Observational surveillance, based on the exposome, is a new concept designed to take into account optimally all the information obtained from observational databases. Observational surveillance in the National Network for Vigilance and Prevention of Occupational Diseases (RNV3P) is organized in three steps: the construction of exposome, that of exposure groups and the generation of Matrix Activity-Exposure groups. The concept is illustrated by the example of non-Hodgkin lymphoma (NHL). Several exposure groups consistent with the literature were identified: organic solvents and thinners (including benzene and trichloroethylene), agricultural products and ionizing radiation. This observational surveillance has allowed an additional analysis to improve or strengthen working hypotheses concerning occupational diseases.
The clinician and the epidemiologist: two paradigms, one dialogue
V. Auvigne & Catherine Belloc
Both clinicians and epidemiologists have a role to play in the management of animal diseases, but they sometimes encounter problems in understanding each other. The purpose of this communication is to set a basis for discussion on the causes and consequences of these communication problems. The method chosen was the restoration and discussion of a dialogue between the two groups based on a real case. It appears that the considerable differences in approach of clinicians and epidemiologists are due to generalization vs. individualization on the one hand and to decision making on the other. These differences are a source of misunderstandings, but also a source of enrichment. The two groups may benefit from a combination of their respective visions.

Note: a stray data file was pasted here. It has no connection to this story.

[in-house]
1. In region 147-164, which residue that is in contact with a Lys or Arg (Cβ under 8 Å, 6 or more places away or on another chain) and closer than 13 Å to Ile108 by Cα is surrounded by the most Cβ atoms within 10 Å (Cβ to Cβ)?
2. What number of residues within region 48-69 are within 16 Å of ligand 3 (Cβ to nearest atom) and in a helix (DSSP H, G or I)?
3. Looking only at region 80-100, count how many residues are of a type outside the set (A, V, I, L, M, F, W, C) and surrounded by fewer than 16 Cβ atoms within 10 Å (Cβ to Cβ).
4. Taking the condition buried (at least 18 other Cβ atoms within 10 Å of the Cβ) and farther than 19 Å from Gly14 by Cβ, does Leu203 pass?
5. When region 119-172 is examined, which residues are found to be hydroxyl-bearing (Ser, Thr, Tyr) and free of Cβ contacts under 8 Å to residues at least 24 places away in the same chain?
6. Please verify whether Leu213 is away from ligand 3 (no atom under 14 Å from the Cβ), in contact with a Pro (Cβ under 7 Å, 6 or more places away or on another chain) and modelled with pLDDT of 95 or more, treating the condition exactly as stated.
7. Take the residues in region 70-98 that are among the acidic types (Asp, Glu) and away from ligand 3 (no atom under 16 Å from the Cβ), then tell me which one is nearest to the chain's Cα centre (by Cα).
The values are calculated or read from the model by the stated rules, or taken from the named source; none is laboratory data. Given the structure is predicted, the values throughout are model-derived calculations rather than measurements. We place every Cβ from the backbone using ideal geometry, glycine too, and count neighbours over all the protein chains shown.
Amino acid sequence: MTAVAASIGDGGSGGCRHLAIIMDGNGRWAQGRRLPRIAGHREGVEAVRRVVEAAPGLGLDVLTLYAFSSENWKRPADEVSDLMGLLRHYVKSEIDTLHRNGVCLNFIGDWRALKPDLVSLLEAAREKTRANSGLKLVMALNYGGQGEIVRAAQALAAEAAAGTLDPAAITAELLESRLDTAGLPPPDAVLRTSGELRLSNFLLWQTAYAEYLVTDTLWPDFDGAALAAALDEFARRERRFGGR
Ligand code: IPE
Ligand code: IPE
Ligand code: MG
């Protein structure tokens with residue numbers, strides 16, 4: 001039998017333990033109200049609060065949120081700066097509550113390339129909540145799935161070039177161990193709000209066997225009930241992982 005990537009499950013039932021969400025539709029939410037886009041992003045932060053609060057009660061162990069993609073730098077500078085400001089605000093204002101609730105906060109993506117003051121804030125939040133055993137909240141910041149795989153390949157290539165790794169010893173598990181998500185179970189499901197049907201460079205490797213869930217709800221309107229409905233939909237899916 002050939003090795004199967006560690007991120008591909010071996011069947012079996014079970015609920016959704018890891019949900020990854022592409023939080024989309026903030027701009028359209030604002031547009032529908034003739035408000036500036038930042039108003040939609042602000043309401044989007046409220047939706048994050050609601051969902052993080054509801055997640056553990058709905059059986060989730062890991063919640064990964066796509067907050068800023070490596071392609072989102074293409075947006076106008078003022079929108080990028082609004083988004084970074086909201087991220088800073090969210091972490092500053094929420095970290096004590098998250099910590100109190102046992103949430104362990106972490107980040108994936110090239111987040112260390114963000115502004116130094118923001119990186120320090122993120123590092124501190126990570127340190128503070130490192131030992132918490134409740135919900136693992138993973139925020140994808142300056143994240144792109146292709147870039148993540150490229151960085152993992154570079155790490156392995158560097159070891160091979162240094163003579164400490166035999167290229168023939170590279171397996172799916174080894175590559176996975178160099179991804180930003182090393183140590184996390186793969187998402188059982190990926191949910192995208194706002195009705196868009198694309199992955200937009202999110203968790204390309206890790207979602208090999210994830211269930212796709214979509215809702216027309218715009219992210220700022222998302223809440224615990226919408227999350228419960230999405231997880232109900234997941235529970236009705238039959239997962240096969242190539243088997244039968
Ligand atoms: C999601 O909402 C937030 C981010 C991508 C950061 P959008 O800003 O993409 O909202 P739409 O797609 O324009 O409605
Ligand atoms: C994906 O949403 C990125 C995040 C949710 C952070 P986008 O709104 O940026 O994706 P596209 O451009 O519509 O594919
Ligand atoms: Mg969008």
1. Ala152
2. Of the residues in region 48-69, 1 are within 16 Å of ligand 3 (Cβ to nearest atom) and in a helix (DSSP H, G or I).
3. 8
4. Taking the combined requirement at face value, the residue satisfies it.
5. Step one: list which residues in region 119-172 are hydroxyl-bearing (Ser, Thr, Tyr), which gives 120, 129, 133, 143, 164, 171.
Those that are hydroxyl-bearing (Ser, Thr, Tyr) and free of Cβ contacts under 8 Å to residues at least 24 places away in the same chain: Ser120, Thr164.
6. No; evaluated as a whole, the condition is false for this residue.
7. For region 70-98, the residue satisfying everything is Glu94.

Assessment of the sensitivity of four sampling methods and a nested-PCR assay to detect Mycoplasma hyopneumoniae in live pigs under field conditions
Christelle Fablet, Corinne Marois, Virginie Dorenlor, F. Eono, E. Eveno, Typhaine Poëzévara, Marylène Kobisch, F. Madec & N. Rose
Four sampling techniques for Mycoplasma hyopneumoniae detection, namely nasal swabbing, oral- pharyngeal brushing, tracheo-bronchial swabbing and tracheo-bronchial washing, were compared in naturally infected live pigs. 60 finishing pigs were randomly selected from a batch of contemporary pigs on a farm chronically affected by respiratory disorders. Each pig was submitted to nasal swabbing, oral-pharyngeal brushing, tracheo-bronchial swabbing and tracheo-bronchial washing. A nested-Polymerase Chain Reaction (PCR) assay was performed on all samples. A Bayesian approach was used to analyse the results of the four sampling methods to estimate the sensitivity of each method coupled to n-PCR, the specificity was taken as equal to one. The most sensitive sampling methods for detecting M. hyopneumoniae in live naturally-infected pigs were tracheo-bronchial swabbing and tracheo-bronchial washing, as compared to oral-pharyngeal brushing and nasal swabbing.
ISVEE 13, 2012, Maastricht (August 20-25)
Barbara Dufour, M. Bekara, Aurélie Courcoul & Ariane Payne